Tuesday, 10 May 2011

Treasure Islands

One of the rare treats about blogging is occasionally getting sent things to read/review. One of these recently was Treasure Islands by Nicholas Shaxson, which is all about tax havens.

It's a longish read at 300 plus pages, and as it's all on the one subject it does require a bit of effort (and I say that as someone who generally enjoys reading textbooks). However it's written in a journalistic style, so that offsets things. If you don't know anything about tax havens this is a decent intro, but it's probably more aimed and getting people fired up about how tax havens operate and the political consequences that flow from this. On these terms it scores.

There's a disingenuous argument frequently deployed that the use of tax havens by big businesses doesn't really matter because all they are really doing is achieving the most favourable tax treatment within the law. (And by extension shareholders shouldn't be interested). Whilst we need to take the core of this seriously, and there are genuine issues about where profits are generated and therefore taxed, this obscures some more troubling issues for shareholders IMO.

First, the fact that tax havens make a point of putting a premium on secrecy should raise a red flag about investee businesses that utilising them. Even if the only intention is to reach the most favourable tax treatment the suggestion in this book is that this will inevitability threaten to reduce accountability. I want to dig into this further, but this seems a sound criticism to me.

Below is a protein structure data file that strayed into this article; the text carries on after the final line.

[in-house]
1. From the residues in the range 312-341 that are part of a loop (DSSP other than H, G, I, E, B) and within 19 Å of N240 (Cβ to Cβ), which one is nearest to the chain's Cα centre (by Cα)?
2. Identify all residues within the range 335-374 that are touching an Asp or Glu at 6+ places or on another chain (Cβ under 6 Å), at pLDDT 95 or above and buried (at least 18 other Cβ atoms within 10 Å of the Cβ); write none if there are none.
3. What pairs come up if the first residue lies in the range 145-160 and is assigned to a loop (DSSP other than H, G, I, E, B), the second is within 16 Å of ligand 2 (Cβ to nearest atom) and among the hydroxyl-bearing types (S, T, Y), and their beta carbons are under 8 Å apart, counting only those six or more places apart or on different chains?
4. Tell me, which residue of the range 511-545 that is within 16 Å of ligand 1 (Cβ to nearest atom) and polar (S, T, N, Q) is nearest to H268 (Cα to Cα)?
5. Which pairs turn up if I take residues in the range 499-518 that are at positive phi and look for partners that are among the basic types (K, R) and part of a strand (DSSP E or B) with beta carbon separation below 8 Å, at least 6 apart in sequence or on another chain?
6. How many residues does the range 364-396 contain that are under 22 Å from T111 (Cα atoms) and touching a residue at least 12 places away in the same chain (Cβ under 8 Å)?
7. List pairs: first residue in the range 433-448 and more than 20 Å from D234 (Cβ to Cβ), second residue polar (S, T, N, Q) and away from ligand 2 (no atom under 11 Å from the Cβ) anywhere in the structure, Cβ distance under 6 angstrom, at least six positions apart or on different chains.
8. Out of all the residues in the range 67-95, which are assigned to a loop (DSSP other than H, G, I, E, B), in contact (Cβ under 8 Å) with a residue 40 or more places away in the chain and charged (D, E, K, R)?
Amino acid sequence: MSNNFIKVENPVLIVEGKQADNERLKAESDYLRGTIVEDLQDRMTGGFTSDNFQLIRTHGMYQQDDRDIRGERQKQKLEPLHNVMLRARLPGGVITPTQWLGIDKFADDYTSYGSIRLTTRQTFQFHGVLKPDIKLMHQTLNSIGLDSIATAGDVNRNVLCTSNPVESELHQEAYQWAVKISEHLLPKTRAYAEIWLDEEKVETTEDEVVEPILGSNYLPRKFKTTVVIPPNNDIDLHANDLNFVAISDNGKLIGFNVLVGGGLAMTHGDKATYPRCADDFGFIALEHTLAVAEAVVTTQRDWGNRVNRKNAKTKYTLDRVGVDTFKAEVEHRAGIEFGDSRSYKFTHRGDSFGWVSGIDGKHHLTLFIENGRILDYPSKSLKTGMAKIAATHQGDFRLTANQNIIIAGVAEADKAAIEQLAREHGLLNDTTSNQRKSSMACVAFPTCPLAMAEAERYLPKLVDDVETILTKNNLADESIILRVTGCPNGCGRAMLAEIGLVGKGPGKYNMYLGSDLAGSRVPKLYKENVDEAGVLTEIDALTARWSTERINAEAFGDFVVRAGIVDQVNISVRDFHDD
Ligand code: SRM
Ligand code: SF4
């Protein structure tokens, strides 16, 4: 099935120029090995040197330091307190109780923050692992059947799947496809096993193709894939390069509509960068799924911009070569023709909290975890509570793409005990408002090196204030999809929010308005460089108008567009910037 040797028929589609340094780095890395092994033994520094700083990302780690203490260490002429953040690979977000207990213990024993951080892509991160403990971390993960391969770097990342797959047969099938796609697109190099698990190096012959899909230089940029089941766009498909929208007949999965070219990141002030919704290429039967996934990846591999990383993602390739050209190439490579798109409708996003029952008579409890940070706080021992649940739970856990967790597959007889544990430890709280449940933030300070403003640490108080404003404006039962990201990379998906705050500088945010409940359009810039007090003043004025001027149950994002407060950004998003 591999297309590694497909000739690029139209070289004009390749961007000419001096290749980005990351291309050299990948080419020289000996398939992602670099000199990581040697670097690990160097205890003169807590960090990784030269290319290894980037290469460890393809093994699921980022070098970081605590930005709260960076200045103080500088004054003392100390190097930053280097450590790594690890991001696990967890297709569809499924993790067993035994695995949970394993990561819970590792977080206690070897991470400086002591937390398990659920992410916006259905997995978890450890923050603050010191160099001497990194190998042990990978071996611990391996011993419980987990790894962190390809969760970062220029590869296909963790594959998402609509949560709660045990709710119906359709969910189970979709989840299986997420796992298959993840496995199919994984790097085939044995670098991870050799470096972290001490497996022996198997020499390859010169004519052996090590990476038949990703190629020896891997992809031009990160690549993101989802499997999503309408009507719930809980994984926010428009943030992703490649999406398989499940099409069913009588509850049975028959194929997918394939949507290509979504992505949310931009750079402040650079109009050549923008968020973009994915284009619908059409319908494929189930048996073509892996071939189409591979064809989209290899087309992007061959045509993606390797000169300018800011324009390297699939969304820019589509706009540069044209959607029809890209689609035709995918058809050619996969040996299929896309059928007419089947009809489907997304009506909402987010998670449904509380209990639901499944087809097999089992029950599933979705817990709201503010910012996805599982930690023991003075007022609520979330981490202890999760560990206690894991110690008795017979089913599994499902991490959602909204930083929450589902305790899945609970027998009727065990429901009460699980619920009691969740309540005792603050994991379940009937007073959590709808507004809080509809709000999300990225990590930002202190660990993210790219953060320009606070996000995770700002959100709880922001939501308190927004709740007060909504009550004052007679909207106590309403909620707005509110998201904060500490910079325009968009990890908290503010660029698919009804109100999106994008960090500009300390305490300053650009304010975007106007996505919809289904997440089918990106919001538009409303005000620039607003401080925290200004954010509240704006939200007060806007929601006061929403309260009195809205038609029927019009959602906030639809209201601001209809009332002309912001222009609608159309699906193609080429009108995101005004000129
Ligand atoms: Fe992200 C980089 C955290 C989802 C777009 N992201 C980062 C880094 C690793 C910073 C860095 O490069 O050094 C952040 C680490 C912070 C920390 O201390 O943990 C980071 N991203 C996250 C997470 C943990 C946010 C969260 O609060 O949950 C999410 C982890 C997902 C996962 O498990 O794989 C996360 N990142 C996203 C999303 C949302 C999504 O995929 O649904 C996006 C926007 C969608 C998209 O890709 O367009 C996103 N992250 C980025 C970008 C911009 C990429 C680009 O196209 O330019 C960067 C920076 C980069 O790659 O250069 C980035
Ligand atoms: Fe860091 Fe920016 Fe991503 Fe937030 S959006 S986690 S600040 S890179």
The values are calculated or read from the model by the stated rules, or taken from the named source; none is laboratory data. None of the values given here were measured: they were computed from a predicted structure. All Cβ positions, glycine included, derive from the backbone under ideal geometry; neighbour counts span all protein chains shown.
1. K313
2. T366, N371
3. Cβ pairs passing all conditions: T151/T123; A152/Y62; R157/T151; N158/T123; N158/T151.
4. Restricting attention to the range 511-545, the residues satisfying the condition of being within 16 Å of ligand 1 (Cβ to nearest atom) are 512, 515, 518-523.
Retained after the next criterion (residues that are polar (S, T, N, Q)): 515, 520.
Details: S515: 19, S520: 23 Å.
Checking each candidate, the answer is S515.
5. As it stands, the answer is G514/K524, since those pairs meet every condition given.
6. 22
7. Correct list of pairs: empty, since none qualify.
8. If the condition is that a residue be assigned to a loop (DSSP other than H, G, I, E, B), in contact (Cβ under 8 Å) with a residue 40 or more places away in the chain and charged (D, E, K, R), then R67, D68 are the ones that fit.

Second, there's an interesting parallel between the use of tax havens and incorporation in Delaware. Not just the 'race to the bottom' point, but also the knock-on effects of small jurisdictions hosting very large businesses. These places may not have the local expertise to draw up reasonable rules on their own, so they effectively outsource the thinking to big law firms, consulting firms etc whose clients are the companies. The book argues that the net result is that the rules are drawn up in a way that works to the advantage of the companies. Again, worthy of exploration.

There are some interesting political themes in this book too. First is the overlap between defenders of tax havens and the libertarian right. On an ideological level I can understand this a bit, but there are some quite unpleasant people in this world too. It does make you wonder if some of the more genuinely political types aren't getting used a bit by 'libertarians' who see law and regulation as the enemy because they are, basically, crooks. I'm dimly aware of the online attacks on Richard Murphy (who I assume contributed quite a bit to this book), which I have to date considered to be an entirely political spat. Despite being a generally sceptical type, for the first time I wonder if there is something more to it.

Secondly, there's some interesting stuff in there about man of the moment Maurice Glasman. Anyone who really believes that Blue Labour is some kind of Blairite initiative would be well advised to read this. His campaigning, for example in respect of the Corporation of London, is not exactly in tune with light touch regulation of the City.

Anyway, worth a read, and you can pick up pretty cheap on Amazon now.

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